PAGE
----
How electric vehicles and digital retail might reshape dealerships


“There is always a natural tension,” she said. “In fact, that is the reason why we have our role. As a neutral third party, we can often speak about each party’s interests and align them so they can move forward in a way that makes business sense yet maintains the integrity of the brand.”

Carfora and her staff of 30 work with automakers on their image programs, from design intent, to architecture, to assessments. Clients include several brands across the United States and Canada, representing more than 2,800 dealerships.

“We have recently completed Porsche, Audi, Jaguar Land Rover and Subaru dealerships,” Carfora said. “We generally work on new build projects with investments ranging from $10 million to $30 million.”

Carfora, 43, joined the Weis Group in 2010 as director of operations, then rose to vice-president. She assumed the CEO role last year after her husband, Monte Weis, joined another company in the auto industry. However, he continues to serve as chairman of the Weis Group.

Carfora spoke with Automotive News Canada on a range of issues regarding dealership design:

ON HOW THE INDUSTRY’S SHIFT TOWARD EVs IS ALTERING DEALERSHIPS

EV adoption is certainly changing the scope of the facility. We now incorporate quarantine rooms; pressurized high-voltage repair rooms; as well as safety in the workshop area when dealing with electricity; and of course, incorporating chargers in various locations both outside and inside the dealership. [Electrification] has a significant impact, as it creates a larger investment for dealers and also affects the flow of traffic in the dealership.

ON HOW THE DESIGN SIDE OF HER BUSINESS WORKS

In some cases, especially with our European clients, they have international master plans on how the dealerships should be designed. In other cases, mostly with our Japanese clients, we create the dealership design for Canada and design each facility schematically. In all cases, we work with the manufacturer to give the dealer enough information and guidance that they can construct or renovate their dealership with their local builder and consultants. Lastly, we also provide full architectural services through a division of Weis Group called Weis LGA Inc.

ON ANNUAL ASSESSMENTS OF DEALERSHIPS TO ENSURE THEY ARE MEETING THE BRAND-IDENTITY STANDARDS OF AUTOMAKERS

Our programs range from facility, process, digital, electric-vehicle readiness. We have a proprietary software platform that allows us to efficiently collect dealership information, capacity and data and provide insights in real time. The aim is to work with the manufacturer and their dealer partners to continuously improve how the brand is represented across the network.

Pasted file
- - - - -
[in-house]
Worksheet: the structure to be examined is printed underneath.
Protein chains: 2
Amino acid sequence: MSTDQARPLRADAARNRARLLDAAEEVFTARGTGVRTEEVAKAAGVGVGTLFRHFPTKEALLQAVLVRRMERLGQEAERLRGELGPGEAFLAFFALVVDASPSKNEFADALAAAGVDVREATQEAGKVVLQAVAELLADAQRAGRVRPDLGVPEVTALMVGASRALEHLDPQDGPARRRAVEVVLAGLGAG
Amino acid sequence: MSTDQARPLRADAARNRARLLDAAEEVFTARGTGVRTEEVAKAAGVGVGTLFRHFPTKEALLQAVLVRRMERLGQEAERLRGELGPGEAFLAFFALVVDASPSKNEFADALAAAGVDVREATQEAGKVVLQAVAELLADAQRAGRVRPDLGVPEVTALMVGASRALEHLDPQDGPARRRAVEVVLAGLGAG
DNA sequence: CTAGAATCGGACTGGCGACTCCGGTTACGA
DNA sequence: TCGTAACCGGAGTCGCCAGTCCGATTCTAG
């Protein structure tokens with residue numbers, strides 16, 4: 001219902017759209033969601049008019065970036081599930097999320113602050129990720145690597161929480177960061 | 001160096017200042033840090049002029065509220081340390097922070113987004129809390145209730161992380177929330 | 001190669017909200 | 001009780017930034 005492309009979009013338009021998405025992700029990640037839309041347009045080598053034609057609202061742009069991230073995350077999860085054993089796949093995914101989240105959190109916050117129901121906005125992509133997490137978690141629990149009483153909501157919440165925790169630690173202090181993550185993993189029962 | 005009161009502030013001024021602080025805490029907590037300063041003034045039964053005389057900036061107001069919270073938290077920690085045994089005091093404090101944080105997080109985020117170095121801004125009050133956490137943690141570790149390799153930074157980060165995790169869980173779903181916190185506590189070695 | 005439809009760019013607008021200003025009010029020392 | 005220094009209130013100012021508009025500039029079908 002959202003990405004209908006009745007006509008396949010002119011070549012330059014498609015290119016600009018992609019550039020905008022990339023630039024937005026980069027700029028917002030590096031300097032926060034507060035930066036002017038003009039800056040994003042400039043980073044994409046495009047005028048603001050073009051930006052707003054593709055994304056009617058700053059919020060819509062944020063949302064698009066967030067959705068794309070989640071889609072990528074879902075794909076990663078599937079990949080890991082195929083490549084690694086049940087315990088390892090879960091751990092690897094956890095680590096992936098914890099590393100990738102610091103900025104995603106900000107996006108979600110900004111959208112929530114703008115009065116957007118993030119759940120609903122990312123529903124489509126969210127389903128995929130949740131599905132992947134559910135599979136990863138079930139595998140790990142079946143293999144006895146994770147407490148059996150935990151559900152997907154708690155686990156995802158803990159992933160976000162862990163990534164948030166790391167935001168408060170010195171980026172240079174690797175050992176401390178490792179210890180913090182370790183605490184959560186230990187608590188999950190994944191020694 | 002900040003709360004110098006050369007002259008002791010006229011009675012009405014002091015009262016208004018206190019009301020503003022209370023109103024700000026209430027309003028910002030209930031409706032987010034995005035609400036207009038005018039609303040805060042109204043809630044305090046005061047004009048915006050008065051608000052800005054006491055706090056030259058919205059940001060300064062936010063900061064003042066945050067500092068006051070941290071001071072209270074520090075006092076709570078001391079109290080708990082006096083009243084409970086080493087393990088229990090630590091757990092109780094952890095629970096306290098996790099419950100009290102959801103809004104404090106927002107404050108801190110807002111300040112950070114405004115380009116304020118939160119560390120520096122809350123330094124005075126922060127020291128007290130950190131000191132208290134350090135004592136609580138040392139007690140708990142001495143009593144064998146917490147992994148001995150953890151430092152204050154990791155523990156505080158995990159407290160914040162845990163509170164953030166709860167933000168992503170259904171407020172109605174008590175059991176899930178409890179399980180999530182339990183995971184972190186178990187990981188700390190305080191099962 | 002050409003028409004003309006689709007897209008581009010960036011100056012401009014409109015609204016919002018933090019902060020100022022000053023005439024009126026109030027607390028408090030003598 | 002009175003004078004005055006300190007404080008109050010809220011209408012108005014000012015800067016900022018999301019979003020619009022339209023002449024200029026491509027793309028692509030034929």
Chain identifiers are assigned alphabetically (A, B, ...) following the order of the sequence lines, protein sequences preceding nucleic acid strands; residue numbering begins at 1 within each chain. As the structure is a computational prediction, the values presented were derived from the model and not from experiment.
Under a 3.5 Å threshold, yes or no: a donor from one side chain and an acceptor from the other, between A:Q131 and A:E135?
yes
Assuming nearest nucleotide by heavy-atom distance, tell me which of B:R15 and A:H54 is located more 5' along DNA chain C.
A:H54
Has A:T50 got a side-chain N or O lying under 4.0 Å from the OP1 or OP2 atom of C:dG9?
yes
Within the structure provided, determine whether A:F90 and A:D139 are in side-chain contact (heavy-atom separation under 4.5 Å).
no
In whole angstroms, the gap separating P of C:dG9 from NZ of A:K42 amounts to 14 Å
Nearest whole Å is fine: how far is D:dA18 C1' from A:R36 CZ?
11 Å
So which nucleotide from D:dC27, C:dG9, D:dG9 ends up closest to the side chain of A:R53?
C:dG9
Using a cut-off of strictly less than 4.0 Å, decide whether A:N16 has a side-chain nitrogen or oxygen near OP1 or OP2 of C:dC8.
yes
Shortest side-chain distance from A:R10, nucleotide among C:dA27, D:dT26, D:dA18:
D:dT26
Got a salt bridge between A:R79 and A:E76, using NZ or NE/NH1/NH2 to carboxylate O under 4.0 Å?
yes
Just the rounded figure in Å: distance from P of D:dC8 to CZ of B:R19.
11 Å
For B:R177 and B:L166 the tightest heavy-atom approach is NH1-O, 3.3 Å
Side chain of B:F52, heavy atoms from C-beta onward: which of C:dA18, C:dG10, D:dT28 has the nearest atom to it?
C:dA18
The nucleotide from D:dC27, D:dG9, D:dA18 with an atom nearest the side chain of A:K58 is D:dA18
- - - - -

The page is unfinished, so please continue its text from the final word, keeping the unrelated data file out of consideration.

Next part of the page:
ON THE NOTION THAT DIGITAL RETAILING WILL BE THE END OF DEALERSHIPS

The manufacturers need a network of dealerships across the country to represent them, to help deliver the brand, not only in sales but in service. … You can’t get the immersive customer experience online. You need to be in dealerships, feeling the product and testing it.

ON WHY SOME COMPANIES ARE USING POP-UP OR BOUTIQUE STORES TO SELL VEHICLES

Traditionally, you would have a fully functioning dealership — where sales, service and parts were all under one roof. Now we see a mix of full-function stores, showroom-only, satellite service facilities, experience centres and pop-up retail. The model is looking a little bit different because it’s really expensive to build in urban settings. You want to make sure you have representation in different areas.

ON HOW HER EMPLOYEES HAVE ADJUSTED TO WORKING DURING THE PANDEMIC

We left our office on March 16 [2020], and most of my team have worked remotely since then. … The variability every business leader has had to contend with has been quite a roller-coaster ride. … At the beginning of the year, one client said, “I feel like I’ve been shot out of a cannon and it hasn’t stopped.” My team and I could relate to that.

ON BEING A FEMALE EXECUTIVE

I don’t see myself as a “woman in automotive.” What is unique about that? Nothing. The conversation should really be about the perspectives I bring. It’s diversity of thought. I don’t think that having the same way of thinking that we have always had is a way for us to truly progress. The thinking has to evolve, not necessarily the gender. It’s not about gender. It’s about diversity of perspectives at the table. And, yes, diversity of perspectives comes from diversity in all facets.



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